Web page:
The Mind of the Kidneys


The Kidneys house the Will-power. If the Kidneys are strong, the Mind will be driven to accomplish goals. Conversely, if the Kidneys are weak, the Mind will be easily discouraged and led astray. Lack of Will-power and motivation are commonly seen in cases of mental depression; in these cases, the Kidneys must be tonified. In addition to “Will-power,” Zhi can also be translated as “memory;” the Kidney's housing of Zhi, therefore, also implies that the Kidneys influence memory and recall. In TCM, the Kidneys function to store Essence and nourish the brain, thereby influencing short-term memory. This is exemplified in the elderly; Kidney-Essence declines with old age and fails to nourish the brain. As a result, many elders often have poor short-term memory and forget recent events, but may have no trouble remembering long-past events (which is related to the Heart). The Kidney-Mind relationship is also evident in chronic kidney disease patients: “Neuropsychiatric conditions including depression, anxiety disorders, and cognitive impairment are prevalent in patients with chronic kidney disease (CKD).” [11]


The emotion associated with the Kidneys is fear. Fear and chronic anxiety deplete Kidney-Qi and causes Qi to descend, which can manifest as nocturnal enuresis in children and urinary incontinence or diarrhea in adults. It can also cause a pattern of Kidney-Yin deficiency, resulting in a sensation of “heat in the face, night sweating, palpitations, and a dry mouth and throat.” [4] The effect of fear on the Kidneys can be seen in the prevalence of certain neuropsychiatric conditions, including anxiety, in patients with CKD. Additionally, the Kidneys in TCM include the function of the adrenal glands, which produce cortisol and norepinephrine in response to stress and threatening situations; these stress hormones elevate heart rate and blood pressure and can cause symptoms similar to those of Kidney-Yin deficiency. Conversely, Kidney pathology may also cause one to become fearful and anxious.


The Mind of the Heart


The mental-spiritual aspect of the Heart (i.e., the Mind, Shen) was already discussed earlier in this article. However, we have not yet explained its associated emotion, joy. Of course, a state of joy that is characterized by a state of healthy contentment is not a source of disease but a beneficial mental state that promotes the smooth-functioning of the Internal Organs and their associated mental faculties. However, a state of joy that occurs suddenly (e.g., when receiving good news unexpectedly) and/or is characterized by excessive excitement and craving can be harmful to the Heart, manifesting as “palpitations, overexcitability, insomnia, restlessness, talking a lot, and a red tip to the tongue.” [4] Conversely, heart pathology may also cause overexcitability.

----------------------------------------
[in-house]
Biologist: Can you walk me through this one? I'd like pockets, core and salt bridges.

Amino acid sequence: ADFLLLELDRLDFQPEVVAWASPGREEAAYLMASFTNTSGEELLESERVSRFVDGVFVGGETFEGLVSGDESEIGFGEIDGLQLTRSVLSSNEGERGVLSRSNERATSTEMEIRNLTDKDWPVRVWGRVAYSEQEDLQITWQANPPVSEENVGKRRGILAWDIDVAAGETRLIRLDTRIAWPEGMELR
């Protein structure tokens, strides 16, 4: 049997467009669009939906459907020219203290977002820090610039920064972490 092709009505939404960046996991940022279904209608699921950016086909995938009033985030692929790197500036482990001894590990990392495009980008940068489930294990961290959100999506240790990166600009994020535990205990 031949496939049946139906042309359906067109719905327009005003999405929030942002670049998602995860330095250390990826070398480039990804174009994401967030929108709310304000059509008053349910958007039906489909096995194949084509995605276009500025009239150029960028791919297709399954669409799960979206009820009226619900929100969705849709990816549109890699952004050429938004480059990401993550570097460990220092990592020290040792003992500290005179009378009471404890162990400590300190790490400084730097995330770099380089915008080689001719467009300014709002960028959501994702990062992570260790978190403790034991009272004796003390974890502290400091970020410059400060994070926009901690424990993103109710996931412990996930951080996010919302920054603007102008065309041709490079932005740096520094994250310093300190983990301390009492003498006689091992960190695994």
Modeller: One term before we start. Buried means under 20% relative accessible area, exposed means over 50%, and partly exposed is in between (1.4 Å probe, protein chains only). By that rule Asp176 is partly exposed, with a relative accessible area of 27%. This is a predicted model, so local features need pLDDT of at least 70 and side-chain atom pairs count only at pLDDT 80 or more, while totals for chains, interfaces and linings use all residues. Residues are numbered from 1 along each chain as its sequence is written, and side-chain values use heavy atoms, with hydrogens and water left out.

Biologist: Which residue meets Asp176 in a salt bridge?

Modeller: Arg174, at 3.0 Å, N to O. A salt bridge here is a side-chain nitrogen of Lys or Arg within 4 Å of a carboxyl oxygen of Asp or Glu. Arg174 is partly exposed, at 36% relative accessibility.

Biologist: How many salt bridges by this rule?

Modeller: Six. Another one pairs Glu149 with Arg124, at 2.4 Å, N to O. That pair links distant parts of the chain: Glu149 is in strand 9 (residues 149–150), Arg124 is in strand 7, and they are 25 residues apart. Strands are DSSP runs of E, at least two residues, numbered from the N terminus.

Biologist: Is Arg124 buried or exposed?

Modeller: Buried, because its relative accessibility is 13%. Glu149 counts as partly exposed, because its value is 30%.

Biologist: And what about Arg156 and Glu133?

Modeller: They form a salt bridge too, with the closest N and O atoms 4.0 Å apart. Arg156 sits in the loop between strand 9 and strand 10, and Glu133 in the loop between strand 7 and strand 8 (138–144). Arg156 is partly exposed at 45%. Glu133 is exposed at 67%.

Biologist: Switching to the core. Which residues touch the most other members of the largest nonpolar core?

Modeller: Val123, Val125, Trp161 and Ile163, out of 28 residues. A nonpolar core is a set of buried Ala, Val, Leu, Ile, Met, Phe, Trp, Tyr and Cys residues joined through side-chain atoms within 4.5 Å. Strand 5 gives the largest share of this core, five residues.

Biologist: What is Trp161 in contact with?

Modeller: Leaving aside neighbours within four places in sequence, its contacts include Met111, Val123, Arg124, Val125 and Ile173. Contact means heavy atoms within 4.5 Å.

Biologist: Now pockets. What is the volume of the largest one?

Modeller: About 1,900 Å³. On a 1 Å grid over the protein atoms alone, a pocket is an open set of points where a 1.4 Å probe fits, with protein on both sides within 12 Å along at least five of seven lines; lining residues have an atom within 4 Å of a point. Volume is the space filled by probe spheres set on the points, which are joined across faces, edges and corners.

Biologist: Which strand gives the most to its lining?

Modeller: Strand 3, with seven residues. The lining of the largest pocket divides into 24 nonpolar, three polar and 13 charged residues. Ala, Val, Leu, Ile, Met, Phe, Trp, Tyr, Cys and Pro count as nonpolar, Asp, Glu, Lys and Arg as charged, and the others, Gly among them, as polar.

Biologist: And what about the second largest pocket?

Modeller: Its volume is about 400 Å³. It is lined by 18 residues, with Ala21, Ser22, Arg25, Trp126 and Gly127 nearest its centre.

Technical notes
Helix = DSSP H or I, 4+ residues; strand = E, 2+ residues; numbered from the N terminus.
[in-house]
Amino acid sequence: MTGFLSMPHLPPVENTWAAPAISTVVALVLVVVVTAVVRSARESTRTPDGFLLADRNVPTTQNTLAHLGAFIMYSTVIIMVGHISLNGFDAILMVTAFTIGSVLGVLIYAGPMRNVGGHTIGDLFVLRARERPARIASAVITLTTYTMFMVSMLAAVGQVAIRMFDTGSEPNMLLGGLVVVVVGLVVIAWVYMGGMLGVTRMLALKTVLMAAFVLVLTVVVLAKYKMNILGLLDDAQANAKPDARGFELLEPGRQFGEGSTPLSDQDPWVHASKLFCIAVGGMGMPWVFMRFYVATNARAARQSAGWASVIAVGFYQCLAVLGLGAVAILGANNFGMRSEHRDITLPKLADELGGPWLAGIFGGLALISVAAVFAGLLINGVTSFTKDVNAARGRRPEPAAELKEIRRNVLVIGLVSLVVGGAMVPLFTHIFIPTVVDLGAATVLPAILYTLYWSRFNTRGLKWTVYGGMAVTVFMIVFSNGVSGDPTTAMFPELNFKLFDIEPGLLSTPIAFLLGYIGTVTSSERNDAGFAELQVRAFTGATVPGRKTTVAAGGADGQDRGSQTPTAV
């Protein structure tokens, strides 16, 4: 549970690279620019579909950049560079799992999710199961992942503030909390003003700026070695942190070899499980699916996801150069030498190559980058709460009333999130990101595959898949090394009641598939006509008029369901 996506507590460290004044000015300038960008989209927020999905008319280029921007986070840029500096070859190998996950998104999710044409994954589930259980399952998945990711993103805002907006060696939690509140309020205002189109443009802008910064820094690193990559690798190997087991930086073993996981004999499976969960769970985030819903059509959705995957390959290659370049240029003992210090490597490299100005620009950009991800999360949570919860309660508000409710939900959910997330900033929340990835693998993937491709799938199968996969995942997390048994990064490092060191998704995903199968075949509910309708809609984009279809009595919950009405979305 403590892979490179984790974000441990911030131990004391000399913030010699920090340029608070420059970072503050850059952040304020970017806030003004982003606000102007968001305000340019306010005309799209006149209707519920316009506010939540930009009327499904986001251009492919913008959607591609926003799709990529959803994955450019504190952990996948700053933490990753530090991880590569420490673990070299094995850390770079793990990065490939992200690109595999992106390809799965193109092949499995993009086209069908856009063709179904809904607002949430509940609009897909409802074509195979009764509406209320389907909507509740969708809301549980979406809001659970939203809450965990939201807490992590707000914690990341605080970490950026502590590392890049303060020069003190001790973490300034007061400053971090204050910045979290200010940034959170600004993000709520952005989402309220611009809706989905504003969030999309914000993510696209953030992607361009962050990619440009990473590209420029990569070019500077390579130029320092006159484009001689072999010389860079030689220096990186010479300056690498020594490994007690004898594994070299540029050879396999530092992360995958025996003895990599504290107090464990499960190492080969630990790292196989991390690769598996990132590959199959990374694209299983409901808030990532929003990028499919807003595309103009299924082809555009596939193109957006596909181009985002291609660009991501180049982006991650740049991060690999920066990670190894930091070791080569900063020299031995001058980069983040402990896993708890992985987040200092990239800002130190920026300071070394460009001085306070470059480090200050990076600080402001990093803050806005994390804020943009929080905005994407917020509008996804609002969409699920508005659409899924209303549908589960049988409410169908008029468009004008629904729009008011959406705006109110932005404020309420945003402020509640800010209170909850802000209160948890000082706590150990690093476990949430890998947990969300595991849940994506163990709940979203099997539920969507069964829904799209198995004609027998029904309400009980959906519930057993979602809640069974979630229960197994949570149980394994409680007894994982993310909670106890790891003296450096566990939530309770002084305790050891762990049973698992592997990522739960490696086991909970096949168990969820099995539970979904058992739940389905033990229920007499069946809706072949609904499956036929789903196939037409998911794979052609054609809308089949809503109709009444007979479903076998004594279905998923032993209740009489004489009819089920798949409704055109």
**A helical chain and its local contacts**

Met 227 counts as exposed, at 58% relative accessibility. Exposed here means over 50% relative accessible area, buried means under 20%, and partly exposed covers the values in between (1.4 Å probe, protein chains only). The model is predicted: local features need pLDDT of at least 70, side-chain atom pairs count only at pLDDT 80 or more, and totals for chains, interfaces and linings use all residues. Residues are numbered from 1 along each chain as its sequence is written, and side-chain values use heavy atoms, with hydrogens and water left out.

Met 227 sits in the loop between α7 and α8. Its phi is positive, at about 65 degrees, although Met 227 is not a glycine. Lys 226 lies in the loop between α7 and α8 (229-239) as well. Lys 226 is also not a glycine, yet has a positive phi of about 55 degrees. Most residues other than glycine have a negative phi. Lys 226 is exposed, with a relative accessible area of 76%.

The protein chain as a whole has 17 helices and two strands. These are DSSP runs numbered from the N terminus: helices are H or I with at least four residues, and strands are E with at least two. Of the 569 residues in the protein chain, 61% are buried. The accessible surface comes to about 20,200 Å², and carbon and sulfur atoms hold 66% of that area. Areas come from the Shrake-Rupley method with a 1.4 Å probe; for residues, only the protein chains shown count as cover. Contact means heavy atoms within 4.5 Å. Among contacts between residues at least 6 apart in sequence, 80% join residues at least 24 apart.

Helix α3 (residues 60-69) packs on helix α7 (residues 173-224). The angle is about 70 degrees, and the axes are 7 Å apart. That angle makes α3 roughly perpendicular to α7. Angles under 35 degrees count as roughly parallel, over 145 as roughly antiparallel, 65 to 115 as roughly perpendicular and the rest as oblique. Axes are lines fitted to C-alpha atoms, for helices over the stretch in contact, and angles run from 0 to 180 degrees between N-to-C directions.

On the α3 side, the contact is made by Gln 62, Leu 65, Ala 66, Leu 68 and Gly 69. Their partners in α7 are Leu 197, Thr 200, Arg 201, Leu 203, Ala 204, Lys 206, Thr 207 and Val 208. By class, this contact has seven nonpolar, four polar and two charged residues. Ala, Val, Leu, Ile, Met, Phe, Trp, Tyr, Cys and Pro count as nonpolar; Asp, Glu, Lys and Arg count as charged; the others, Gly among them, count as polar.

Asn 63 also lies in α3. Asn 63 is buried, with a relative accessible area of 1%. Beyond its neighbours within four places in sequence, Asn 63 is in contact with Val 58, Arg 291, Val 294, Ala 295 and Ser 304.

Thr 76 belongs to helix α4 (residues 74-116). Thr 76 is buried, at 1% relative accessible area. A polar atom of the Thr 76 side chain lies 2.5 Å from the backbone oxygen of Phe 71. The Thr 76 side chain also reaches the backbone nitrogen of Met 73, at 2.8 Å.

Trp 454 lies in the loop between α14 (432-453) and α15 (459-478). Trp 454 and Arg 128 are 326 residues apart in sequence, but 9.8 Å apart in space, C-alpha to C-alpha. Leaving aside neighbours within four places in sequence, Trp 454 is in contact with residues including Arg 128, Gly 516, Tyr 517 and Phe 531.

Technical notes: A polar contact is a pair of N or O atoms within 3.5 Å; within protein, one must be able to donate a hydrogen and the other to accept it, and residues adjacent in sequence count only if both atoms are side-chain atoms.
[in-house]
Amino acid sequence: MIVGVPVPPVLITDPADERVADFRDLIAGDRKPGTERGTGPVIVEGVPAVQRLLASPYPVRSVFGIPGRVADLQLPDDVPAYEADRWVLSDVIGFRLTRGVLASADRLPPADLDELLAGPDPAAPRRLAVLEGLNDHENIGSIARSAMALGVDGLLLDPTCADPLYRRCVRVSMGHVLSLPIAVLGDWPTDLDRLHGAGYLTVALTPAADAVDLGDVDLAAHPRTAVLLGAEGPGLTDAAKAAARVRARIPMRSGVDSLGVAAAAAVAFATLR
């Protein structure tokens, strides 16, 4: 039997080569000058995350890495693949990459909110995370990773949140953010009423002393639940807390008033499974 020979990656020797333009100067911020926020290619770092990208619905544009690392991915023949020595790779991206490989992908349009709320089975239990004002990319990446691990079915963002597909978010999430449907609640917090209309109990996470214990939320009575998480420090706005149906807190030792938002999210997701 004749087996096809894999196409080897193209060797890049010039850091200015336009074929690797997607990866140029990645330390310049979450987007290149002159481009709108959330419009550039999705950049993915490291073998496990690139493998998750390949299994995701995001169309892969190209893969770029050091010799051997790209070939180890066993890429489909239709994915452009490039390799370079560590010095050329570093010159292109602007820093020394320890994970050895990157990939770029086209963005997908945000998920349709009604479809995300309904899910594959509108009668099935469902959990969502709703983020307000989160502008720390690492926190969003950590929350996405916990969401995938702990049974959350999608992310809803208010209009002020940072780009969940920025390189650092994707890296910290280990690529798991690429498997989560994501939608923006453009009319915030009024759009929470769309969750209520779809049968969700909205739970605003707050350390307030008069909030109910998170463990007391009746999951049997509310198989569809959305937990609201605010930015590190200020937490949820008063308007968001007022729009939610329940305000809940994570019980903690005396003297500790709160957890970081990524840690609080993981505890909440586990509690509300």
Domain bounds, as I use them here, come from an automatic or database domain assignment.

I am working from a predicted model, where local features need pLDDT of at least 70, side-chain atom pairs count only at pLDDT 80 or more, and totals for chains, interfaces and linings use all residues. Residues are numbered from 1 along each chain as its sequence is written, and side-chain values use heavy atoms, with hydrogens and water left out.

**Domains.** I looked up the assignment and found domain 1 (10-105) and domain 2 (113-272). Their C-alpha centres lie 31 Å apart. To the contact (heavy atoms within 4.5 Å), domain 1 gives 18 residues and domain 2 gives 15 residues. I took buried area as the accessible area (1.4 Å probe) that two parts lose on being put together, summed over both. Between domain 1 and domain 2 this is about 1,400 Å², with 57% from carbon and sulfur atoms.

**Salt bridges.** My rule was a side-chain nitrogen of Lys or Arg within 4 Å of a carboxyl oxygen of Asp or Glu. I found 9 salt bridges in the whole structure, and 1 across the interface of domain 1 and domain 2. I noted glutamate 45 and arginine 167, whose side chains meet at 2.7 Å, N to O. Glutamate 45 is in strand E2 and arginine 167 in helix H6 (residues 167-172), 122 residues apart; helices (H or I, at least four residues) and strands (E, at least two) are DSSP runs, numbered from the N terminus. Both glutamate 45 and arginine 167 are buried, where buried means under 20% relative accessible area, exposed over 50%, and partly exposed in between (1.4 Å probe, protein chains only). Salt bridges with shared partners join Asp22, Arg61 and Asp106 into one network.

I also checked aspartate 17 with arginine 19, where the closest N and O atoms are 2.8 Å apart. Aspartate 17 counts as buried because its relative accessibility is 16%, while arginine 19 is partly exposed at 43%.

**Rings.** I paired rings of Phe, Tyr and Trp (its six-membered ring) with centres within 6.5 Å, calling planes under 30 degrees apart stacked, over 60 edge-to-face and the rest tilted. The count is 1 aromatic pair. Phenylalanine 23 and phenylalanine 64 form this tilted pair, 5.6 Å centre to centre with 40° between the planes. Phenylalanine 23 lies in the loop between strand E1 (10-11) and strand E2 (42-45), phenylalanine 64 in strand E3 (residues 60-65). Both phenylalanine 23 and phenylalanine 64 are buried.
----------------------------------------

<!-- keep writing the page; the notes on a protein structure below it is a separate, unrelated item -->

The Mind-Body Connection in Clinic


While the relationship between the mind and body and the mechanism by which they are integrated are not fully understood in terms of biomedicine, the existence of this indissoluble relationship is undeniable. Therefore, in clinic, we treat the mind and body as one; the state of the mind is considered when treating disorders of the body, and vice versa. The mental functions and emotions attributed to the various Internal Organs are assessed and treated with equal importance to physical symptoms. Let us illustrate this with a case study.


Case Study


A 34-year-old female attorney presented with fatigue, lassitude, indigestion, loose stools, and brain fog. Her radial pulse was thin and weak, particularly on the right side; her tongue was pale and slightly scalloped. Her symptoms began two weeks after she began working on a particularly challenging case and about one month prior to her initial consultation at Rise. She exercised regularly, consumed a balanced diet, and slept well. This patient had also consulted her primary care physician, who conducted a physical exam and ordered bloodwork, including a complete blood count (CBC), a complete metabolic panel, and a broad thyroid panel. The physical exam revealed no significant findings, and all vital signs and laboratory results were within normal ranges. Assessment of this patient at our clinic revealed a pattern of Spleen-Qi deficiency. As her lifestyle habits were healthy, the origin of the pathology was determined to be excess mental activity due to her work (the Spleen houses the Intellect and is affected by pensiveness and overthinking). She was treated with the treatment principle of tonifying Spleen-Qi, using a combination of acupuncture, manual therapy, herbal medicine, meditative exercises, and lifestyle modifications. Acupuncture, herbal medicine, and meditative exercises, such as mindful breathing and Qi-Gong, were employed to increase her body’s ability to produce energy. Manual therapy to the scalp and forehead was primarily applied to reduce stress and improve the quality of her sleep. Although her lifestyle was generally healthy, some adjustments were made to her diet, exercise routine, and sleep schedule to optimize her energy levels.